As I stated, these acronyms are all around us. In my day job, I have to be very careful when I am presenting or teaching to not get carried away with throwing out acronyms as I shouldn’t assume everyone understands their meanings when I start speaking about FAQ, VPN, VoIP, TCP, CRM and ERP.

In the amateur radio hobby we use many acronyms to describe various components of our hobby and service. Some that come to mind are FCC, ARRL, RSGB, SSB, SSTV, PSK, RTTY, VHF, UHF, HF, CRT, LCD, LED, EME, CMOS and MOSFET. I’ll stop there as you get the idea.

The take away and educational point I’m driving home is the word “ham” in ham radio is not an acronym. Simply put, the word is just a word which follows the laws of regular sentence structure. Since it is not an acronym, it’s not necessary to capitalize each letter (e.g. HAM) it is also not necessary to place a period or dot between each letter (e.g. H.A.M.). If you are writing ham radio in a sentence it just follows all the normal rules. Ham would be capitalized if starting a sentence. If not, ham would just be written in lowercase. That really is it.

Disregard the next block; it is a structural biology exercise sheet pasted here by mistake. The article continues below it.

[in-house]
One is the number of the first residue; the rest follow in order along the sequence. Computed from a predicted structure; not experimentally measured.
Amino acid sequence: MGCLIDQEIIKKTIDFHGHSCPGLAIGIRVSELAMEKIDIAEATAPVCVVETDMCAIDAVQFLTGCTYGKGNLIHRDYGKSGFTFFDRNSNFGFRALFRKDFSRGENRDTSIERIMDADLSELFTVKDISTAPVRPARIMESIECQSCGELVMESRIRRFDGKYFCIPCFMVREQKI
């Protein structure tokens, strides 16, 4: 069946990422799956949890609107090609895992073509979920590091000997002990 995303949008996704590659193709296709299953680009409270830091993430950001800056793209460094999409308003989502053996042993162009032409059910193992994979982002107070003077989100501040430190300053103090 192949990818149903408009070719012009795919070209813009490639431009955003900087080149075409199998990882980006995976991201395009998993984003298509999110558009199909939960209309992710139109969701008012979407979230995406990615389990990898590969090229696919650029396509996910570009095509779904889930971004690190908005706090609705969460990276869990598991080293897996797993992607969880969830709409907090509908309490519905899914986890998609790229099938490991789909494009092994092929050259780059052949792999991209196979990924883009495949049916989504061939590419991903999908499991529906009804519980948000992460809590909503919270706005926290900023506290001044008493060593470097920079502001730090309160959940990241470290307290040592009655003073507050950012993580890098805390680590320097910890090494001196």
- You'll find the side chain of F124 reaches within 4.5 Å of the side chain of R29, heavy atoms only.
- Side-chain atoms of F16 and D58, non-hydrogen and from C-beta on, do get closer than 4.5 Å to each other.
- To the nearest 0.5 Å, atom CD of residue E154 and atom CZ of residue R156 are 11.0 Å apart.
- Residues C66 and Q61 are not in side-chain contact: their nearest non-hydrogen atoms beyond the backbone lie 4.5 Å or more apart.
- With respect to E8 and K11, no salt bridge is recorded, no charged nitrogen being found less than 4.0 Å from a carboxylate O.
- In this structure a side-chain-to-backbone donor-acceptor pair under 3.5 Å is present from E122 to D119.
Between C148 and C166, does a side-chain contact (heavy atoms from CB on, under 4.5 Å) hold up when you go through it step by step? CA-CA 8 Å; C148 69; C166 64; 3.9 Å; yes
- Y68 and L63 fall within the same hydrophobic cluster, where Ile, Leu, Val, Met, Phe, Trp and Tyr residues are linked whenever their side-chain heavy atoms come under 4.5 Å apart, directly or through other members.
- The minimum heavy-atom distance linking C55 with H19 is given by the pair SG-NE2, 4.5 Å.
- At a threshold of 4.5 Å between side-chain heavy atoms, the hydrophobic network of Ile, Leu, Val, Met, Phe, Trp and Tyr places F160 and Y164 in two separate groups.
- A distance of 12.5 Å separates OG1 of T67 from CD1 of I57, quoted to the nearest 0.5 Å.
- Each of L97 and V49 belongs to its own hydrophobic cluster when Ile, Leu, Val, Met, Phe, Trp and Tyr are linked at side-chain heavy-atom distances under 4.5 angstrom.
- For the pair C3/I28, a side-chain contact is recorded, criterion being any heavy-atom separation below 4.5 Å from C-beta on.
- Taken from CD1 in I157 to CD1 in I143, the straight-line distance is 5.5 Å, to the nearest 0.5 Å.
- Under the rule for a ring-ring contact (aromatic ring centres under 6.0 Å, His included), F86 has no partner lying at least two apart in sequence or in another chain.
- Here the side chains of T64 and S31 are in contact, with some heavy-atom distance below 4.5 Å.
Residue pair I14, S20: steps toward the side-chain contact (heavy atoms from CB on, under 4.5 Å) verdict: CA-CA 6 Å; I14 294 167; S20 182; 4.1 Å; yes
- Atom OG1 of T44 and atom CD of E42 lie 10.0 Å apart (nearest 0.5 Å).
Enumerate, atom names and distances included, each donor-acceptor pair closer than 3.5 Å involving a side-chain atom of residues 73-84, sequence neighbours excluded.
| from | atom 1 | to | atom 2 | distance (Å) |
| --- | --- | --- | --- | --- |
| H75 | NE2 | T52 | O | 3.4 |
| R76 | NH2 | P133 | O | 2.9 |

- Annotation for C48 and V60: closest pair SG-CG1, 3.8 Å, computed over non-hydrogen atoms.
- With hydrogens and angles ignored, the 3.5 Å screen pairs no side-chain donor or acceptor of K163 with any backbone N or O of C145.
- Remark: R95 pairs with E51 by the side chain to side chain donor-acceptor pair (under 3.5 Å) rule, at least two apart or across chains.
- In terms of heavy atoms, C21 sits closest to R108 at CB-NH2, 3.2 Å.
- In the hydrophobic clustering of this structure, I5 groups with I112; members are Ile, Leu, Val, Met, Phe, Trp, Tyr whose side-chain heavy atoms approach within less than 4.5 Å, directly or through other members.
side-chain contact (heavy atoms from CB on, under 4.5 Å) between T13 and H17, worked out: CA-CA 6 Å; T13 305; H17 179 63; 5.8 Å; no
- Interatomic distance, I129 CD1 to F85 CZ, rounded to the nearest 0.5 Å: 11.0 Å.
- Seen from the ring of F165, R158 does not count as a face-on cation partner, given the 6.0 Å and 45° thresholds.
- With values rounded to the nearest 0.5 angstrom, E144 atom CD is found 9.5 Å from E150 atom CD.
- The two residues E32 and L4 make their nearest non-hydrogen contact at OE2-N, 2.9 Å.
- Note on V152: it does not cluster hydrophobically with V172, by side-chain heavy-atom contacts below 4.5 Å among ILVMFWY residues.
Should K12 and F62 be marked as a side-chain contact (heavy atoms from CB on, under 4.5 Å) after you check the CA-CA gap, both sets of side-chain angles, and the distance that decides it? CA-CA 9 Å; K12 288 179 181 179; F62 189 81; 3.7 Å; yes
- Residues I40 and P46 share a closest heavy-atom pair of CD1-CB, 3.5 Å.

Of course, nothing bad will happen if you choose not to follow this guidance. But in my opinion, (and others agree) writing it as an acronym or going outside of the rules of normal sentence structure is not correct. This just leads to new hams becoming confused and of course teaching something which just simply isn’t true. The issue just perpetuates itself on down the road. To go back to Merriam-Webster, “perpetuates means to make something, (typically an undesirable situation or an unfounded belief) continue indefinitely.

Until next time….

73 de KD0BIK (Jerry)